French people don’t jump queues. They don’t tend to, and if they do, it is not well received and will likely result in the queue-jumper being passive-aggressively or directly rebuffed and sent to the back of the queue.
What happens however, if that apart from clear instances where queueing is inevitable, like at the post office or anywhere with a guichet (counter), the French do not see the need for queues in the first place. We don’t! Queues are all well and good and, you know, so civilised, but we just don’t care that much for such a level of required order. We know we’re all going to get there in the end, that there is nothing so urgent that queueing is going to resolve. What British people (and other, also very ordered, nations) see as chaos really does not seem that way to us. We like to be able to stand wherever we choose without risking being tutted at by some precious old biddy. And that is exactly how it looks to us: petty and a bit precious, just looking to make a big deal out of a non-event. Life’s too short to care about this sort of thing.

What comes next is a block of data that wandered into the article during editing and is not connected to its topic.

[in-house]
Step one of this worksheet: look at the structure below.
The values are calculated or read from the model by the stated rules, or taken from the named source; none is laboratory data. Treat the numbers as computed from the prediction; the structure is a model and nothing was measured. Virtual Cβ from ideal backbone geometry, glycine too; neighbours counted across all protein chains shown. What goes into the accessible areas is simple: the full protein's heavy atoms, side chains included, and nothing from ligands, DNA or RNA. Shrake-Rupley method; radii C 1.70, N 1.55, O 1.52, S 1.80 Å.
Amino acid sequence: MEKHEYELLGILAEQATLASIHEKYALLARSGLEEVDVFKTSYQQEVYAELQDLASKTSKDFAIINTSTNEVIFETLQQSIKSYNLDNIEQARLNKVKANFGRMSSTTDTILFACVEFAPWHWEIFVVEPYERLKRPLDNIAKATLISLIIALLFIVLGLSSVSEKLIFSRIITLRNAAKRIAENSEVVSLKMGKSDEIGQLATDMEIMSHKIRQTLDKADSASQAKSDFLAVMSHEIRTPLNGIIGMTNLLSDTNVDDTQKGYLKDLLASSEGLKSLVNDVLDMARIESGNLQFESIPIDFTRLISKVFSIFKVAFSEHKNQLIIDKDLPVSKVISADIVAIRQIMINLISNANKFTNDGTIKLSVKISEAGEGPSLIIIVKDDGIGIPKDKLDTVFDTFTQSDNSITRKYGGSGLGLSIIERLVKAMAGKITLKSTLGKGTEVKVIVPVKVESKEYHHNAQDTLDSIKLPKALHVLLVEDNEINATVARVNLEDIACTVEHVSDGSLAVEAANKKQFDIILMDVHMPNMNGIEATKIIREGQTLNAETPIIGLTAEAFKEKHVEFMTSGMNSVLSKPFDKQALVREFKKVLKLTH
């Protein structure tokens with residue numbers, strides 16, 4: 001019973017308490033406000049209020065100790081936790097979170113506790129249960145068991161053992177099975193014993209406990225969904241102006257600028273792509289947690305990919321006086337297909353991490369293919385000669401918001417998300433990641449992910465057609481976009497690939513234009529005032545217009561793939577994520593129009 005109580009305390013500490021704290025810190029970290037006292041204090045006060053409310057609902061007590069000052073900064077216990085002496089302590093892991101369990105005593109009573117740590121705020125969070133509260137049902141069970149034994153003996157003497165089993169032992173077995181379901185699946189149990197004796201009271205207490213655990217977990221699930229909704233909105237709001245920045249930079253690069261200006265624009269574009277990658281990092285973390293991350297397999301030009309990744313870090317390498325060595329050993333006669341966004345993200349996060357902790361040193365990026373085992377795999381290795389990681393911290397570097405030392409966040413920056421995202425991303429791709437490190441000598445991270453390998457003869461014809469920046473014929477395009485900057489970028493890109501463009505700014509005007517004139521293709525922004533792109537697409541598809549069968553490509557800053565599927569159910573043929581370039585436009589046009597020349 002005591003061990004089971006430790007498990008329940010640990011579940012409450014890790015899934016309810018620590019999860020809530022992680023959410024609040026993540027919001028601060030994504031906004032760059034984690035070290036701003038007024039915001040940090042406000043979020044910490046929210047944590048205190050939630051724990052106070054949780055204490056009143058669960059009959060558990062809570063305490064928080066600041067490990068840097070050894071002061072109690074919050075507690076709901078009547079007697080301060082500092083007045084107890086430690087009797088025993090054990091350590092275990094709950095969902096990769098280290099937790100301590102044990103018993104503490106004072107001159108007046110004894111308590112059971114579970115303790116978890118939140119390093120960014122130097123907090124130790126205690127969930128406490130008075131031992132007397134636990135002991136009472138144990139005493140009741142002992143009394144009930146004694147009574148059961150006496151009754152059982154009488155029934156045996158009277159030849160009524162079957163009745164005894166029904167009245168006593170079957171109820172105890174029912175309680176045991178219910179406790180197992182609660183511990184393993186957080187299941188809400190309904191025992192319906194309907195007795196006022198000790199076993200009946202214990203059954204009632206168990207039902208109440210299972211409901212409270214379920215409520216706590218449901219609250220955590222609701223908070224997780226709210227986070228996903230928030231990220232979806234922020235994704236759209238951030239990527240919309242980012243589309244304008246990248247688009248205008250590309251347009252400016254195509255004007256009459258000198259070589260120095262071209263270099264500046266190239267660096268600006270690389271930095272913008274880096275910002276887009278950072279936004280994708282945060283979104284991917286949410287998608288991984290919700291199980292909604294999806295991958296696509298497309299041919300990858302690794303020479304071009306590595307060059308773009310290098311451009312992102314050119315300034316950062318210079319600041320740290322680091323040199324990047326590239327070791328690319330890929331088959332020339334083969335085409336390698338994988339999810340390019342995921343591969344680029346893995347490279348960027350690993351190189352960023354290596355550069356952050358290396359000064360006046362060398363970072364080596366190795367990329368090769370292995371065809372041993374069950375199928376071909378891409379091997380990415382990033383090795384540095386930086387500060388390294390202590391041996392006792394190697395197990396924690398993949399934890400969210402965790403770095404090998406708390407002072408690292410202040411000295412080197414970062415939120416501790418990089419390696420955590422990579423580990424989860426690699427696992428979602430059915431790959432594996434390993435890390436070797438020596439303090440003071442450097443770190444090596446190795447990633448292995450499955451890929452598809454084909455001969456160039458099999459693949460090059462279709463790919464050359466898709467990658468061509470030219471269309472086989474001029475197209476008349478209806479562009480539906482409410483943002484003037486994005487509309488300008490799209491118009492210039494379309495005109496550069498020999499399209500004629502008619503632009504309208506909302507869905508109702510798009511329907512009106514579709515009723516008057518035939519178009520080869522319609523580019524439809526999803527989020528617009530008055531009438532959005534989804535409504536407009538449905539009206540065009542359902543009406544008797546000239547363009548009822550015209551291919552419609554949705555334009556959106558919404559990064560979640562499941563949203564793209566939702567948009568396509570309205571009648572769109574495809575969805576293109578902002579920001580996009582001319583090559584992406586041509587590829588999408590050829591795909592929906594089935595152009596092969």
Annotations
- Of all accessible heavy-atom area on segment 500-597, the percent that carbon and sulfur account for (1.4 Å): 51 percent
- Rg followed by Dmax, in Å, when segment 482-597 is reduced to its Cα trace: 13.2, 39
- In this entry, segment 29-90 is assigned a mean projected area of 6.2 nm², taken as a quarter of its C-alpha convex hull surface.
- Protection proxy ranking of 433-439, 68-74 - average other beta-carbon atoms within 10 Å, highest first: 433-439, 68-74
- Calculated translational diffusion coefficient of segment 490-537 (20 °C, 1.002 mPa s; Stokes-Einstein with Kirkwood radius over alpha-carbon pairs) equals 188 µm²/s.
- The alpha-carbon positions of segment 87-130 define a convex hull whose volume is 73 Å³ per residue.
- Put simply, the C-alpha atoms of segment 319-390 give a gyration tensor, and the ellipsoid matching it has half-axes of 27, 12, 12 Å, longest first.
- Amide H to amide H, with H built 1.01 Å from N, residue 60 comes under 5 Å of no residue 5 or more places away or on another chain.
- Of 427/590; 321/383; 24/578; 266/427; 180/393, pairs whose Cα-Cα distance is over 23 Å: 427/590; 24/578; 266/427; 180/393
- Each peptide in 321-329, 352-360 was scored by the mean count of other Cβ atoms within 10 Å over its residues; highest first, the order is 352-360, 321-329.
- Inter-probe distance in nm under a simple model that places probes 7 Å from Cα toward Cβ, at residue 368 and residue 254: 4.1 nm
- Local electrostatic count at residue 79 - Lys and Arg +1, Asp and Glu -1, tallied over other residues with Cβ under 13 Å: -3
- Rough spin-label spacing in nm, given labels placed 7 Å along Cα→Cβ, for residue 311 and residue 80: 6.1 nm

Take the bus queue: I have never been so bemused in my life than when I saw my first bus queue in my early days in England. Here’s my (very French) thought process when I see a bus queue: ‘What’s the point? There’s rarely so many people waiting for the bus, we know we’re all going to get in. Is having a choice of seats really such a big deal? What’s the worst that could happen?’ It’s even more ridiculous when there is a strike in London, and you see queues for the bus going round street corners, instead of people huddling closer to the bus stop. Is it because people are so selfish, they think everyone else are bound to elbow in at any cost and mitigate it with a nice orderly queue? Is it that people really care about who arrived first and who gets to take the window seat? As I said, French people don’t really see the need, or they don’t care that much.